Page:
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Please Endorse Miami's Pets Trust Funding

This petition had 1,524 supporters

These animals aren't given enough time to find a new home. They deserve a chance at life and to be loved. Every day Miami Dade Animal Services euthanizes more than 20 animals of all ages, yes puppies/kittens as well. It is not fair that because they haven't been adopted within a short amount of weeks, or they are deemed dangerous (these dogs are used as bate in dog fights, mistreated by their irresposible owners and are so scared) they bite someone and are killed. You wouldn't kill an orphan who isn't adopted or a homeless who can't seem to get themselves back on their feet in life would you? So why kill an innocent voiceless animal? Yes shelters are overcrowded, but there are solutions to this and I have addressed that in my letter to Mayor Gimenez.


March 20, 2014

Honorable Carlos Gimenez

Mayor of Miami Dade County

Stephen P. Clark Center

111 NW 1st Street

Miami, FL 33128


Dear Mayor Gimenez,

 I am writing to express my opposition on the decision to retract funding of “No Kill” shelters in Miami Dade County; Unless terminally ill, animals should not be euthanized. All animals should be given a second chance to live their lives, feel loved and secure.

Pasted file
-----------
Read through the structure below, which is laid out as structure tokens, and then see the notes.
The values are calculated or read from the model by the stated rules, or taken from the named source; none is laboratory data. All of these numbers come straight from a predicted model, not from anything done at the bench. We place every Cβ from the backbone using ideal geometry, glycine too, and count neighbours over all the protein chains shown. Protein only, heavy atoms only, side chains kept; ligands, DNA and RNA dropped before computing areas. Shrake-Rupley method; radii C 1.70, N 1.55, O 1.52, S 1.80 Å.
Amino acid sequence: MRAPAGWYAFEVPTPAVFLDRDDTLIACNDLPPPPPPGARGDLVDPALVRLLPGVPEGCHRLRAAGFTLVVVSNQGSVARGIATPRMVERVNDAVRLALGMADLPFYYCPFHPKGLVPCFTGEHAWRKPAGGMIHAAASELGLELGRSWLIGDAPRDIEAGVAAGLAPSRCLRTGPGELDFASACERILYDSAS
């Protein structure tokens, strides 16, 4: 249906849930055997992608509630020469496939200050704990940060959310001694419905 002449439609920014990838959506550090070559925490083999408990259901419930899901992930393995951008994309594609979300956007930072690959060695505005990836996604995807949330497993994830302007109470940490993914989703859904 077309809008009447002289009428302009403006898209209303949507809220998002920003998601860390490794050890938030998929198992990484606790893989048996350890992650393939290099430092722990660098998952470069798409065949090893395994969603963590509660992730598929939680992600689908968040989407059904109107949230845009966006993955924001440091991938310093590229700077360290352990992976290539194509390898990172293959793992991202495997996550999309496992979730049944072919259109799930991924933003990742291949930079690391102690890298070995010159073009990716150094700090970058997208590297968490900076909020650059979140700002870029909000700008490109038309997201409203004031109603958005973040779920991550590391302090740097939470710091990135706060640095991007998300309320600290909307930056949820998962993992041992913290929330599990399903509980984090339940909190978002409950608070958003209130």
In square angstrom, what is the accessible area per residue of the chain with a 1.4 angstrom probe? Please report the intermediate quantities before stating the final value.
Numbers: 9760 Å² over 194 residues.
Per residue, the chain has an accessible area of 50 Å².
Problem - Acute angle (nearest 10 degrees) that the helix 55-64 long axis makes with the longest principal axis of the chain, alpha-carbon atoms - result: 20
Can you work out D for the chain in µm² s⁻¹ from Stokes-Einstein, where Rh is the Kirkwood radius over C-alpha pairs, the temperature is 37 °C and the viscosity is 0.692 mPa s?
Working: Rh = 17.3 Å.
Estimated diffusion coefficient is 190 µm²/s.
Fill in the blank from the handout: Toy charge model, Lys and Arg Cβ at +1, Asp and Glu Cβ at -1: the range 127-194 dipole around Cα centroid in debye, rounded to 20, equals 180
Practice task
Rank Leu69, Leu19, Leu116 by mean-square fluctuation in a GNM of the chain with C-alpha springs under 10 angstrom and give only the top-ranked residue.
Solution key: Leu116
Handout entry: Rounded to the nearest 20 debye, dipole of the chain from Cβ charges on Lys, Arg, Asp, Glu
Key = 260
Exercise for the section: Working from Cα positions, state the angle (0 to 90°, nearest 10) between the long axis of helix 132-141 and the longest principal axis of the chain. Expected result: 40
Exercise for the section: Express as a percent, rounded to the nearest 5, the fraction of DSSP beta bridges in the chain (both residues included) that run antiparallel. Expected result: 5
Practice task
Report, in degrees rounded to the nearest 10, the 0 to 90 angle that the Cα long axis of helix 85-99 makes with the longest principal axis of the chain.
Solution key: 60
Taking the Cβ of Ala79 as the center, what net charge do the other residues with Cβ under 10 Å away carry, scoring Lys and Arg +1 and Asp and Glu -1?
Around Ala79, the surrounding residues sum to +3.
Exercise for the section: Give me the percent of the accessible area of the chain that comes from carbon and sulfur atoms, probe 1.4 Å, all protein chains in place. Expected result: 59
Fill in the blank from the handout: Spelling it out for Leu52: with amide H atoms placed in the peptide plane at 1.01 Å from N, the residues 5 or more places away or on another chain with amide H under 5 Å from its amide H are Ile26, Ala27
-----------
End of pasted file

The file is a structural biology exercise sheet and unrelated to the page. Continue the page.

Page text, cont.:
Currently, animals residing in regular shelters are euthanized due to lack of space, not being adopted quickly enough, or considered a ‘danger’ to society. These poor animals are not given enough time to be adopted, rescued or fostered. Animals surrendered by their previous owners are killed as they come in, as confirmed by previous and current volunteers. Due to Breed Specific Legislation, BSL, many dogs at these shelters are illegal in Miami-Dade. It is difficult to find someone outside the county lines to adopt when they aren’t given enough time.

                  There are plenty of solutions to prevent the overcrowding of animal shelters. Micro chipping is a great way to keep pets off the streets and out of the shelters; by educating animal owners on the subject, we can prevent a bleak future for a number of innocent animals. Upon arrival to an animal shelter, animals should be sterilized to prevent future breeding; further limiting the amount of animals without a home in the near future. In Rhode Island, they have adopted legislation, which requires all felines to be altered unless permits for breeding or health restrictions are verified. I strongly believe that this would be a great piece of legislation to make law. Restrictions on breeding should be implemented, e.g., how often an animal can be bred, the type of breed that is allowed to be bred, and so on.

                  Adoption can be a difficult solution; dogs often are not adopted out of fear of aggression. It has been proven that altered animals are, in fact, less aggressive. The application process should be more in depth, and handle more aspects including the dogs safety. As mayor, you are privy to more details pertaining to animal neglect and abuse. Unfortunately, many animals fall victim to these horrific acts. All potential owners should be given a background check at the time of adoption; this could potentially spare lives of many animals.

                  Sponsored fundraising and more events around the county would help with the expansion and the opening of shelters. Many rescues and private organizations take donations to help their funding; this would be a great way to assist the shelters financially. In the end, this is not just for the safety of these animals, but for the well-being of our community.


 Mayte Padilla 

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